Leicester University denies it is dropping Chaucer for being ‘too white’ under proposals

Leicester University denies it is dropping Chaucer for being ‘too white’ after proposing modules on race and sexuality instead

  • University courses featuring The Canterbury Tales and Beowulf are under threat 
  • English department told of plans for a ‘decolonised’ curriculum via email
  • Leicester today moved to deny Chaucer course was axed for being ‘too white’  
  • But added that it wanted its teaching to cater to the students’ own interests

Leicester University has denied it is dropping literary giant Geoffrey Chaucer for being ‘too white’ after proposing replacement modules focused on race and gender. 

Plans have emerged to shelve The Canterbury Tales and Beowulf – two of the most important works in English literature – in favour of a ‘decolonised’ curriculum.

The English faculty has been told that the foundational texts could be replaced by more popular works – but Leicester said this wasn’t down to their ‘whiteness.’

Dr Christine Rauer, a lecturer at the University of St Andrews, told MailOnline: ‘It’s hard to see why race, ethnicity, sexuality and diversity can’t be taught alongside Chaucer and Beowulf.

‘Bring in the new topics while also keeping the medieval! Curriculum planners should think big – their students will later compete with people who studied elsewhere and who have a much wider range. You will feel left out, if you only know half the story.’ 

Asked whether the texts might be too difficult, Dr Rauer said: ‘Medieval literature can seem hard at the beginning, but most good things in life are like that. Self-confidence comes from overcoming difficulty, and the unexpected.’

Geoffrey Chaucer, author of The Canterbury Tales, is called the Father of English Literature

Epic poem Beowolf is also set to be phased according to the new University proposals

An email circulated to tutors and lecturers said they would be a history of writing, taking in course elements on ‘race, ethnicity, sexuality and diversity’.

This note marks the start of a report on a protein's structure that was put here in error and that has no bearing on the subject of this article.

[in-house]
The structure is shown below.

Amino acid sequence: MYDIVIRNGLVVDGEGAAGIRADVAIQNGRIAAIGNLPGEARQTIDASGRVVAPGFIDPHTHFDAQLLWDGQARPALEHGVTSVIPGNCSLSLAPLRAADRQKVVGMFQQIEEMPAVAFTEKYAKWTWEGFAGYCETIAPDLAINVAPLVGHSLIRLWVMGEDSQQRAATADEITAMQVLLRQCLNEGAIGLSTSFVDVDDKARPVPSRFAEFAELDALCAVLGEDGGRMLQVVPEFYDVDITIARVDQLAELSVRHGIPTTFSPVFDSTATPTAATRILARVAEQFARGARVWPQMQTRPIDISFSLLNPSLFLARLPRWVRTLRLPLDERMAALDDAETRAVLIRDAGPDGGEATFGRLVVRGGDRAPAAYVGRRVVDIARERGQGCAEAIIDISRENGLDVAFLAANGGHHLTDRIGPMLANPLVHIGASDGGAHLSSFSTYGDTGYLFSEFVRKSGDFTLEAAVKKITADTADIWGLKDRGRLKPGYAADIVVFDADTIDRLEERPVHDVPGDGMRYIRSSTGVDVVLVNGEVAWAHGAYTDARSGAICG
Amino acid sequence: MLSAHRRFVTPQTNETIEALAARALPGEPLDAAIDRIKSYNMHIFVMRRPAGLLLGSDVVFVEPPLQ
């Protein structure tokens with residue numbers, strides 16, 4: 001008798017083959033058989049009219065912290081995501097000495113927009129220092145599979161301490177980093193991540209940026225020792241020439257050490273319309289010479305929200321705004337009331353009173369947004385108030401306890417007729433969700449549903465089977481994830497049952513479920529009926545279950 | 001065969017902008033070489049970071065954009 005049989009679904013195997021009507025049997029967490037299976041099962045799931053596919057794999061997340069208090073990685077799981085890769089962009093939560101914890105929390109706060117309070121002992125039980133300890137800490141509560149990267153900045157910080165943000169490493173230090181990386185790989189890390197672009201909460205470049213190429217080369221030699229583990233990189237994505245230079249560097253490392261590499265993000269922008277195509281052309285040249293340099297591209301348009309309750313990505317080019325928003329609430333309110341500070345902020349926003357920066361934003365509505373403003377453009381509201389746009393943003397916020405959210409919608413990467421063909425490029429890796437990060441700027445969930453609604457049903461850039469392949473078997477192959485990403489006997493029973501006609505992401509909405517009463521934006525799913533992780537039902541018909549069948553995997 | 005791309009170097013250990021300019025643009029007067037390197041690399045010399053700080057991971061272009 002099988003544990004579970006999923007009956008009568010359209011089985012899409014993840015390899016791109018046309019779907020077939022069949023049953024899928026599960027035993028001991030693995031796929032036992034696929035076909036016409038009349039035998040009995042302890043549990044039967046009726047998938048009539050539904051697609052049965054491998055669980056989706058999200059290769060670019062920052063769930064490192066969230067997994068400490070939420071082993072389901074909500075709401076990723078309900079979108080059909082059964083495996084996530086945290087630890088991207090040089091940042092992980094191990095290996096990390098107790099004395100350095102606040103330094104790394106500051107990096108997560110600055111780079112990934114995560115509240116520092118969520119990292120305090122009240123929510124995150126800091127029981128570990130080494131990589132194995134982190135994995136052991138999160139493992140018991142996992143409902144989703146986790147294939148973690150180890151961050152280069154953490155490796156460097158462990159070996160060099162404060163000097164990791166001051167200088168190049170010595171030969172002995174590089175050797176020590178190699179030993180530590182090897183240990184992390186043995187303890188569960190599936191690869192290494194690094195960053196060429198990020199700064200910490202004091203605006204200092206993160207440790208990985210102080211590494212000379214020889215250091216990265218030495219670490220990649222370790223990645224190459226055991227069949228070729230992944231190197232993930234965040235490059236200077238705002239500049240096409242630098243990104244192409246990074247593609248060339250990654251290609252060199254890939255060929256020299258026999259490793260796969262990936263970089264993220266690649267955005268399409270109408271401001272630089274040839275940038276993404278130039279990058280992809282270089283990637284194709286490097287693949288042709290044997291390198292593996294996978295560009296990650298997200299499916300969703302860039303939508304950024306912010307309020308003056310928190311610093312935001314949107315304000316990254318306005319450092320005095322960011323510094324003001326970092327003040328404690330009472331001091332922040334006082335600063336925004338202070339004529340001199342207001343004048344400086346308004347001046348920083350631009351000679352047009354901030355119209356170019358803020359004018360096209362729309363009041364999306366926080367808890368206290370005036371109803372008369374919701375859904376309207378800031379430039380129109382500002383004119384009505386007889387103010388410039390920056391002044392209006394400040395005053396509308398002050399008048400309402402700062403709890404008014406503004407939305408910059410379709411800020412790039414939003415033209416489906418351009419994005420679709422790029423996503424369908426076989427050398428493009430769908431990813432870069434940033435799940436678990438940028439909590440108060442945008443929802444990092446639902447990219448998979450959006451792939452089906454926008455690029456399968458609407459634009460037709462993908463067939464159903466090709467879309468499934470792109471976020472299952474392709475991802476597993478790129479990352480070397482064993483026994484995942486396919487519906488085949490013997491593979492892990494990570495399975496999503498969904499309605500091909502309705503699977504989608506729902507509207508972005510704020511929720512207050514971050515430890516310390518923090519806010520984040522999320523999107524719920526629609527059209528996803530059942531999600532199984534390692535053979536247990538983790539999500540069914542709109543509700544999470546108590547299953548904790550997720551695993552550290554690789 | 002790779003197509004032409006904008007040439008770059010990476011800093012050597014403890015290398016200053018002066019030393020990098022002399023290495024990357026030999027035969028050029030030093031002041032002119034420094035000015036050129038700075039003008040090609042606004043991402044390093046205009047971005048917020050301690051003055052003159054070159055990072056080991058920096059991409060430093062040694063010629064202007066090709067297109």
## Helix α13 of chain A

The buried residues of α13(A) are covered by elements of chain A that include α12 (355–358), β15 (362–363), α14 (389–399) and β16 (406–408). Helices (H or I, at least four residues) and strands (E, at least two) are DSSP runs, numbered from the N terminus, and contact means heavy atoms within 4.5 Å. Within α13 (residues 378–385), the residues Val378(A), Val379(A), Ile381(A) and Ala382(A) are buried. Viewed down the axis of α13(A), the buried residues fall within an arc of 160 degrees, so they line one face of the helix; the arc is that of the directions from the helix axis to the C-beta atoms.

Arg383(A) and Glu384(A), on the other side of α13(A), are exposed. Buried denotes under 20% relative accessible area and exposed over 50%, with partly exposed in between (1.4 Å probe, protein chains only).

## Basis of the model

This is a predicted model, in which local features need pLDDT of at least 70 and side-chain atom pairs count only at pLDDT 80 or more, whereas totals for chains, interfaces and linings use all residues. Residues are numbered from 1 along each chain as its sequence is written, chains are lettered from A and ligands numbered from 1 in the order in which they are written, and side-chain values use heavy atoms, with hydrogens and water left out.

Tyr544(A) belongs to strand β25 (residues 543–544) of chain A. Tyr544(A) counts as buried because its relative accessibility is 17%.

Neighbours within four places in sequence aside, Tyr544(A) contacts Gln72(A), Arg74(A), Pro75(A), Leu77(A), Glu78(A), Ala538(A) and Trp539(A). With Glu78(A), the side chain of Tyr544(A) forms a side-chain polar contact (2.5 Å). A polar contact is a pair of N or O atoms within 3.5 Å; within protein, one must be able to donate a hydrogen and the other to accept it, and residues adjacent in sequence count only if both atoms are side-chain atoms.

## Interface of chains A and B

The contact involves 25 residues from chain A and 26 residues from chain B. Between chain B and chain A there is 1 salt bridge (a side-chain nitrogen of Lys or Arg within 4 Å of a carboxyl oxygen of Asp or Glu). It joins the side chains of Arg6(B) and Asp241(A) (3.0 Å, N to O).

Today the university insisted to MailOnline the change came after feedback from students.   

A spokesperson said: ‘Students at the University of Leicester will continue to study some of the best-loved authors in the English language, from Shakespeare, Austen and Dickens to Keats, Shelley and Byron, to Woolf, Toni Morrison and Colston Whitehead.

‘There is absolutely no truth to the suggestion that certain modules are being eliminated for being “too white.”

‘We want to offer courses that match our students’ own interests and enthusiasms, as reflected in their own choices and the feedback we have been hearing.

‘Leicester continues to be a research-intensive, comprehensive university that offers a broad range of subjects. We will be engaging closely with staff and students to hear their ideas and suggestions in response to the proposals.’

The University of Leicester has denied the changes are because they are ‘too white’

The new teaching plans, which were leaked to the Telegraph, said: ‘The aim of our proposals is to offer a suite of undergraduate degrees that provide modules which students expect of an English degree.’

New modules described as ‘excitingly innovative’ were billed as covering ‘A chronological literary history, a selection of modules on race, ethnicity, sexuality and diversity, a decolonised curriculum, and new employability modules.’

It continued to say it could stop all English language courses and axe medieval literature.

Chaucer, the Father of English Literature

Geoffrey Chaucer, best known for The Canterbury Tales, is thought of as the greatest English poet of the Middle Ages.

He was born in London in the 1840s as the son of a winemaker, which was the family tradition.

Such is the respect for the writer is also known as the Father of English Literature.

He was the first person to be buried in Westminster Abbey in the area known as Poets’ Corner. 

In 1994 literary critic Harold Bloom placed Chaucer among the greatest Western writers of all time. 

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